"Perhaps he must, if he sees enough of her. But, though Odinson and Jane meet tolerably often, it is never for many hours together; and, as they always see each other in large mixed parties, it is impossible that every moment should be employed in conversing together. Jane should therefore make the most of every half-hour in which she can command his attention. When she is secure of him, there will be more leisure for falling in love as much as she chooses."
"Your plan is a good one," replied Darcy, "where nothing is in question but the desire of being well married, and if I were determined to get a rich husband, or any husband, I dare say I should adopt it. But these are not Jane's feelings. She is not acting by design. She has known him only a fortnight. She danced four dances with him at Meryton; she saw him one morning at his own house, and has since dined with him in company four times. This is not quite enough to make her understand his character."
"Not as you represent it. Had she merely dined with him, she might only have discovered whether he had a good appetite; but you must remember that four evenings have also been spent together—and four evenings may do a great deal."
"Yes; these four evenings have enabled them to ascertain that they both like Vingt-un better than Commerce; but with respect to any other leading characteristic, I do not imagine that much has been unfolded."
"Well," said Miss Lucas, "I wish Jane success with all my heart; and if she were married to him to-morrow, I should think she had as good a chance of happiness as if she were to be studying his character for a year.”
Darcy squeezed her friend’s hand. “I shall try to find a way for the two to know each other better, without forcing Jane to do something against her nature.”
The two youngest Coulson daughters were speaking of the militia at breakfast with the family when Mr. Coulson said, "From all that I can collect by your talk, I wonder why the militia would settle here at all."
Maria said, “Well, we have to prepare for the French and…”
“Yes, yes, of course, but why Meryton?” Mr. Coulson said.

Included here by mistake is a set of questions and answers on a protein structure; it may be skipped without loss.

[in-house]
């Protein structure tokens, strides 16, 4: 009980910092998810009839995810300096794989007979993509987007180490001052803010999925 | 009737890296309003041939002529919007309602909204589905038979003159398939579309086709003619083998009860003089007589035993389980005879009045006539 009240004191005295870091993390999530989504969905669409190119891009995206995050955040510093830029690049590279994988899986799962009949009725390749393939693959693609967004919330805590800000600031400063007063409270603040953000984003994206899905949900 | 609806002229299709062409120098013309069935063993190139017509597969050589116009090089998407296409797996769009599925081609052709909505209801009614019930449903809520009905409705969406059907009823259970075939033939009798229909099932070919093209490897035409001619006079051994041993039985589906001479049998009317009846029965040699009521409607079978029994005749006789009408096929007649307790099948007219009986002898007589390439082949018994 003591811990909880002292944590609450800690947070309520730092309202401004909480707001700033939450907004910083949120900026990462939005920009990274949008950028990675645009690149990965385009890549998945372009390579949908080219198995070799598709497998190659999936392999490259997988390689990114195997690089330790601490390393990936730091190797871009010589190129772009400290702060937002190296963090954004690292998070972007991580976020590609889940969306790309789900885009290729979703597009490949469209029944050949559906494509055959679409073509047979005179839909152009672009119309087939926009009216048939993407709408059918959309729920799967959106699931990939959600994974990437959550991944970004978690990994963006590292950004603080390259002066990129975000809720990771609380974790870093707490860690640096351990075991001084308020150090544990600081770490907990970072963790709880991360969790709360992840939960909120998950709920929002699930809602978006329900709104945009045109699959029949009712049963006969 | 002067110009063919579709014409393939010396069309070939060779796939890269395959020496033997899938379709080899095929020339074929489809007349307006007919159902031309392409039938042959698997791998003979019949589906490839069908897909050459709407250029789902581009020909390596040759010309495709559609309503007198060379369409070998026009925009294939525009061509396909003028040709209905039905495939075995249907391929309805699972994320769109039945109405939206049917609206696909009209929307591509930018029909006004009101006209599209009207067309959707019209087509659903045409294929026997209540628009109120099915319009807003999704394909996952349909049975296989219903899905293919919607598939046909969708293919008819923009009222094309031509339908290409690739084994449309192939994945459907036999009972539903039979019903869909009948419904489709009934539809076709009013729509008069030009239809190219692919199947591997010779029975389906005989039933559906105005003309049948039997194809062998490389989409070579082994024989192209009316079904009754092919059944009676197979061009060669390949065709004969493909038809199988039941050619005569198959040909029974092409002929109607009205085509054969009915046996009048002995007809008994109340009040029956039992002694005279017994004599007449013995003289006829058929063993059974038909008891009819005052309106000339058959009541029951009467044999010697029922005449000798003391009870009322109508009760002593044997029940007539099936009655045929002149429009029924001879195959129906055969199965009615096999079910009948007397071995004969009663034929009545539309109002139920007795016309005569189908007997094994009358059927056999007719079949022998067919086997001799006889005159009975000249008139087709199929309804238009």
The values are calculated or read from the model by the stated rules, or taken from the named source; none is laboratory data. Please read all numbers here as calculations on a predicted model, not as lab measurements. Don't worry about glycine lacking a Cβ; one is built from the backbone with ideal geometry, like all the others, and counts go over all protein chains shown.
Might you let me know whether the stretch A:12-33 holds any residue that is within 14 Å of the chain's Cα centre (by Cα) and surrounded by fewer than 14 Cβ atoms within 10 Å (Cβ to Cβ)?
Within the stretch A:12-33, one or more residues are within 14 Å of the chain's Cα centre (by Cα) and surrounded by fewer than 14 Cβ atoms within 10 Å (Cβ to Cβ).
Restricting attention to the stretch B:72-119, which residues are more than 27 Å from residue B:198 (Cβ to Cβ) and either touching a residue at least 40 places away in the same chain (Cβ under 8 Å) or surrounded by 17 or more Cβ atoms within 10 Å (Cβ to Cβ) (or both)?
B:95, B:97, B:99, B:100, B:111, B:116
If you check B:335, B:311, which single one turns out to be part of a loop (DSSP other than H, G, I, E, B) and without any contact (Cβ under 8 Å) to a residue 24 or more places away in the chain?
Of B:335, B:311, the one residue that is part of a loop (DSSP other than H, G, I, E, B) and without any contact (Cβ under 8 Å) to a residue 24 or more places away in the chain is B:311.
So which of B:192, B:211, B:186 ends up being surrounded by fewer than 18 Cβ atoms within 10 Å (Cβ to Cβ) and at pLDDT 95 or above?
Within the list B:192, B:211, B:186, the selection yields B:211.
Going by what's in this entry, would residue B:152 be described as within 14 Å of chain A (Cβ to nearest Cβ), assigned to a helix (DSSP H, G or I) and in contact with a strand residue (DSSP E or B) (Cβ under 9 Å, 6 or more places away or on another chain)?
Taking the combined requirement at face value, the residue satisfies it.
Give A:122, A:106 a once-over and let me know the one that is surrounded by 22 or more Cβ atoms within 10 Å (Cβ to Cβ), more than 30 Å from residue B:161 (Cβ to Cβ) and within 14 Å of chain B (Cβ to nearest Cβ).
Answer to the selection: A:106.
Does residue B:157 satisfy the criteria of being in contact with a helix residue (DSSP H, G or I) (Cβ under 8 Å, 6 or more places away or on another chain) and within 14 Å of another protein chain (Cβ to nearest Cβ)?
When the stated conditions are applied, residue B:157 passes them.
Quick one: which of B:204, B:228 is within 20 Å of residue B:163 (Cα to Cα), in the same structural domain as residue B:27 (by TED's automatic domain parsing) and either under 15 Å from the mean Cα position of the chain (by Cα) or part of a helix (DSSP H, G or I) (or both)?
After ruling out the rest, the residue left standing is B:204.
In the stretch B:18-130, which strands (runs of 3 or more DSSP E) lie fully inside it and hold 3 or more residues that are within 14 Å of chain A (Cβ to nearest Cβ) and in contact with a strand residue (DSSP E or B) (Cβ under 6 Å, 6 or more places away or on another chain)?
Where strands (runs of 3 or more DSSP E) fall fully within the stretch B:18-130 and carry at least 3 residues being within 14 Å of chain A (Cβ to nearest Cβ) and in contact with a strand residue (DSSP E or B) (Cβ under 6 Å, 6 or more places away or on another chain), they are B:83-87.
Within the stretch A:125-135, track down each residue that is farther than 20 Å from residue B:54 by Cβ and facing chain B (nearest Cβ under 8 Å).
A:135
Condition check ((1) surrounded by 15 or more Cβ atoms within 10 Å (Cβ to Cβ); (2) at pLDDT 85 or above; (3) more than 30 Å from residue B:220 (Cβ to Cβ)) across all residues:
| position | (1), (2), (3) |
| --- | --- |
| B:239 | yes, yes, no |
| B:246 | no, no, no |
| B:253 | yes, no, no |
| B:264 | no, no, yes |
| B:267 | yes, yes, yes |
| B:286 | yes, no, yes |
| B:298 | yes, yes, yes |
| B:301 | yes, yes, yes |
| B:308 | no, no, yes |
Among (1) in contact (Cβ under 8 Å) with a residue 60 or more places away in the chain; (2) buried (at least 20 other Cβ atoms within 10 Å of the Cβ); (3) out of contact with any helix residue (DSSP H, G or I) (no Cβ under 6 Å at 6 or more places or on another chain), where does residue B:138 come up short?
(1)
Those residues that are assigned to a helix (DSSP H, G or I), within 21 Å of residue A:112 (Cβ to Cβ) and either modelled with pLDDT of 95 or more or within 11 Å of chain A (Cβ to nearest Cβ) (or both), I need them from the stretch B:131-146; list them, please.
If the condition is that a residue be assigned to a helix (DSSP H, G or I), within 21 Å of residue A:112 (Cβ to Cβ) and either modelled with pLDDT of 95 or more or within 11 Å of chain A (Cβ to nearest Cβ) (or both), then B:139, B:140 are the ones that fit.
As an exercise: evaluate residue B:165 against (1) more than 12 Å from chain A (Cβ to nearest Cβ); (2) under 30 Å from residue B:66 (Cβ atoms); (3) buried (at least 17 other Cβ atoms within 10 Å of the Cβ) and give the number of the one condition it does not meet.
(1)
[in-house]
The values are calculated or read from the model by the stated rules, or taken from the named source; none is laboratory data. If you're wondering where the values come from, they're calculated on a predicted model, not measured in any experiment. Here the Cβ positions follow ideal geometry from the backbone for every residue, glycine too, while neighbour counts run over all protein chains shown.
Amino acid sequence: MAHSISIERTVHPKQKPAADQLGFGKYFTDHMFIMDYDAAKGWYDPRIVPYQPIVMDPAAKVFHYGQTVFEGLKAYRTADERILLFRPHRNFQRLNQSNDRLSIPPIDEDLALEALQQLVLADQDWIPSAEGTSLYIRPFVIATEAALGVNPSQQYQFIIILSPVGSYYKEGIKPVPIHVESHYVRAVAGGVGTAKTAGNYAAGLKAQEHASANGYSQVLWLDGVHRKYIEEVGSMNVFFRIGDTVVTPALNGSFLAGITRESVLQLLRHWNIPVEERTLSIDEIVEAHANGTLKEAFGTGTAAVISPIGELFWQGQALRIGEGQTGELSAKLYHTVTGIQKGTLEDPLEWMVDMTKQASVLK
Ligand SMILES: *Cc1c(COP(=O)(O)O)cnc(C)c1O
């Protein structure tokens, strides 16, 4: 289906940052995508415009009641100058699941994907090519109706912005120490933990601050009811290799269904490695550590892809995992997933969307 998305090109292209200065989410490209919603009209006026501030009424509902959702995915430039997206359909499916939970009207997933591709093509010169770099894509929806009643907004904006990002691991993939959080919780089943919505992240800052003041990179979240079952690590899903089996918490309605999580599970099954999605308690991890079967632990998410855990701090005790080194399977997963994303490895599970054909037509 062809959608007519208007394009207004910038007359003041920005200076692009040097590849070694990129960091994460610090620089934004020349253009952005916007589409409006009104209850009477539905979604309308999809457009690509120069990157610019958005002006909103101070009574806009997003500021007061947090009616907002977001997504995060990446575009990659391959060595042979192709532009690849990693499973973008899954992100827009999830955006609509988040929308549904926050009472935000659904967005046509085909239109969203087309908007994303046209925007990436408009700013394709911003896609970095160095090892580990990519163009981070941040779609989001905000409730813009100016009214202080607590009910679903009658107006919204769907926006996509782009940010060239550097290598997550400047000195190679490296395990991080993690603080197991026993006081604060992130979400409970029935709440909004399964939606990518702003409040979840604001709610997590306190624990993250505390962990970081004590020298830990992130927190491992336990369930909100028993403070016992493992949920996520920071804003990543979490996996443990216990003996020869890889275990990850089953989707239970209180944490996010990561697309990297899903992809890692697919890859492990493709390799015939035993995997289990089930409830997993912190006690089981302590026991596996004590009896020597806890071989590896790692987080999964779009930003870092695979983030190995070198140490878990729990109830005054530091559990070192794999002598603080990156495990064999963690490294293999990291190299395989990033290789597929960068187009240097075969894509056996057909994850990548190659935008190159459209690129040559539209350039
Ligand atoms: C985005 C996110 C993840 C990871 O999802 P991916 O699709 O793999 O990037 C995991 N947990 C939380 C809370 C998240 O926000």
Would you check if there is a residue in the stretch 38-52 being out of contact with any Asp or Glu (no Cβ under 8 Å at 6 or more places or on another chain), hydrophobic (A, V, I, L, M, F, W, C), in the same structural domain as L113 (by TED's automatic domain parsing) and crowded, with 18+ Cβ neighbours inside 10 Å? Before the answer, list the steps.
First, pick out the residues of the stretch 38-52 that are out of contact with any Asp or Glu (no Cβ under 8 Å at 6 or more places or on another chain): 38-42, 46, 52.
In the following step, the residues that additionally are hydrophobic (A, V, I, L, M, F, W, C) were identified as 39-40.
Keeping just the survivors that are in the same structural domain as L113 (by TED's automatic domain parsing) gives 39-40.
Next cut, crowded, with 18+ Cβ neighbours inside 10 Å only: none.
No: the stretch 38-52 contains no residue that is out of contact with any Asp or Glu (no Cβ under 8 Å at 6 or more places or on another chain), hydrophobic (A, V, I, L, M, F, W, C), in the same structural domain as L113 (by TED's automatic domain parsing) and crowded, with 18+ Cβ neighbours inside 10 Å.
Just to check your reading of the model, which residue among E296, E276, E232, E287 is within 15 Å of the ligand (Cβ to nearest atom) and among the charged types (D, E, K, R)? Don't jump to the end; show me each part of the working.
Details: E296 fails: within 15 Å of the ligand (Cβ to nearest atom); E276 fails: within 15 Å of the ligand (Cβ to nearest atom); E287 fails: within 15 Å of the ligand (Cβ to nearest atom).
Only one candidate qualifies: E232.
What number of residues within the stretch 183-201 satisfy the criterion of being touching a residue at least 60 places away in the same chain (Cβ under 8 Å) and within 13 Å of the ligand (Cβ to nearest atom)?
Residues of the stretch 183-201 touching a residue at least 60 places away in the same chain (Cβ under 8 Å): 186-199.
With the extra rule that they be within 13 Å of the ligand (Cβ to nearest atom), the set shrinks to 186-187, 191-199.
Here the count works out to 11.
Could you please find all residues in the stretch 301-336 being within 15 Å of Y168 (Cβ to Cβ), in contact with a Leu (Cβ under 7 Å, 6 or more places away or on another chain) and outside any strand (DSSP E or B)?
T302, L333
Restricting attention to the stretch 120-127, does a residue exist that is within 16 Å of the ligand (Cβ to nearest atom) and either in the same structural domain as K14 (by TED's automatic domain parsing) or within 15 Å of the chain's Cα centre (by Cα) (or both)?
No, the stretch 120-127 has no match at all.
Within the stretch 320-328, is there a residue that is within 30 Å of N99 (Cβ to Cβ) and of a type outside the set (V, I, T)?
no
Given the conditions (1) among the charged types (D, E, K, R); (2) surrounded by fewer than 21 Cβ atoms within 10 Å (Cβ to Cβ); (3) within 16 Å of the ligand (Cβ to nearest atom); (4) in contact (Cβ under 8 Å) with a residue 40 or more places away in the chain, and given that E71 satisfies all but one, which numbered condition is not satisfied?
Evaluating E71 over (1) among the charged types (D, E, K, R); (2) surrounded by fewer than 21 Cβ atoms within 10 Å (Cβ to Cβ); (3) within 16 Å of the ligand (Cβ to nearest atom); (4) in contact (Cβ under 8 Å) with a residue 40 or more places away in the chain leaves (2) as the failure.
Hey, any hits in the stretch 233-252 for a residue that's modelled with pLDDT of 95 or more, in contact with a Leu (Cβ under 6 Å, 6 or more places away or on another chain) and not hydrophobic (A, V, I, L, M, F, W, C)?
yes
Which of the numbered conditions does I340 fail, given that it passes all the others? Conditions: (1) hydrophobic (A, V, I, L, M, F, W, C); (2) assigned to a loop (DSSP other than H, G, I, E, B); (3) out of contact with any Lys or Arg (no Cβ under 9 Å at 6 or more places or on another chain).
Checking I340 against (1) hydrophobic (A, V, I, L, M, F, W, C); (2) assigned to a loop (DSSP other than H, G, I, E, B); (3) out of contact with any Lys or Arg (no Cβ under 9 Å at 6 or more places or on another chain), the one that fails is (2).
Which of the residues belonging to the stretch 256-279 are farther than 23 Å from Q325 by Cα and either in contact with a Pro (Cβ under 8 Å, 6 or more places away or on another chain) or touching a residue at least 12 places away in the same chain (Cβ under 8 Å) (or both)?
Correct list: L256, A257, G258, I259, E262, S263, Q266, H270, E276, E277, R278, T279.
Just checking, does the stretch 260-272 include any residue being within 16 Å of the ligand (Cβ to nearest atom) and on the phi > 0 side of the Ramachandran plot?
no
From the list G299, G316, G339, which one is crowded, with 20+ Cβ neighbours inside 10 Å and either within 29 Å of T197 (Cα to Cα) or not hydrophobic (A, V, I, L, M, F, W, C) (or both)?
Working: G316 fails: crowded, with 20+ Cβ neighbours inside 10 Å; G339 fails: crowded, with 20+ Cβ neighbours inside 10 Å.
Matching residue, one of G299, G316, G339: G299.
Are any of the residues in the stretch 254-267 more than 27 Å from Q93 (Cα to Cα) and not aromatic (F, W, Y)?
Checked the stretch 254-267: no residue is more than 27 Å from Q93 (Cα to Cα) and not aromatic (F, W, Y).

“It is fairly close to London and the coast,” Natasha said.
“What else is here?” Mr. Coulson asked.
The girls were all silent as they tried to think of what could be of interest in Meryton. Peggy finally said, “Our newest residents. The military is curious about the Odinsons.”
Mr. Coulson nodded. “Now, why would a group of Asgardians wish to retire to the country? Now that is the question. That pondering is NOT to leave this family, do you understand me?”
There was a round of “yes, sir” from the Coulson woman and they were true to their word.
When breakfast was almost finished, a footman came into the room with a note for Miss Coulson. It came from Netherfield and the servant waited for an answer.
Mrs. Coulson's eyes sparkled with pleasure, and she said as Jane read, "Well, Jane, who is it from? What is it about? What does he say? Well, Jane, make haste and tell us; make haste, my love."
"It is from Lady Sif," said Jane, and then read it aloud, "My dear friend, if you would be kind enough to come to lunch at Netherfield, I should be most grateful. I do quite enjoy your company and have looked for an opportunity for us to converse for some time and now that opportunity has come. I injured myself this morning but shall mend by tomorrow. Unfortunately, the gentlemen are abandoning me to dine with the officers. Yours ever, Lady Sif.”
"With the officers!" said Maria, "I wonder my aunt did not tell us of that."
"Dining out," said Mrs. Coulson, "that is very unlucky."
"Can I have the carriage?" said Jane.
A plan came into Mrs. Coulson’s mind. "No, my dear, you had better go on horseback, because it seems likely to rain; and then you must stay all night.”
"That would be a good scheme," said Darcy, "if you were sure that they would not offer to send her home."
"Oh! But the gentlemen will have Mr. Odinson's coach to go to Meryton."
"I would much rather go in the carriage," Jane said.
"But, my dear, your father cannot spare the horses, I am sure. They are wanted in the farm, Mr. Coulson, are they not?"
Mr. Coulson was reading a newspaper and did not bother looking up. "They are wanted in the farm much more than I can get them."
"But if you have got them today," said Darcy, "my mother's purpose will be answered."
“They are engaged, Darcy,” Mr. Coulson said, shooting her a glare for disturbing his reading more than necessary, “You all use Lola far more than you should.”
Jane was therefore obliged to go on horseback, and her mother attended her to the door with many cheerful prognostics of a bad day. Mrs. Coulson’s hopes were answered. Jane had not been gone long before it rained hard. Jane’s sisters were uneasy for her, but her mother was delighted. The rain continued the whole evening without intermission; Jane certainly could not come back.
"This was a lucky idea of mine, indeed!" said Mrs. Coulson more than once, as if the credit of making it rain were all her own.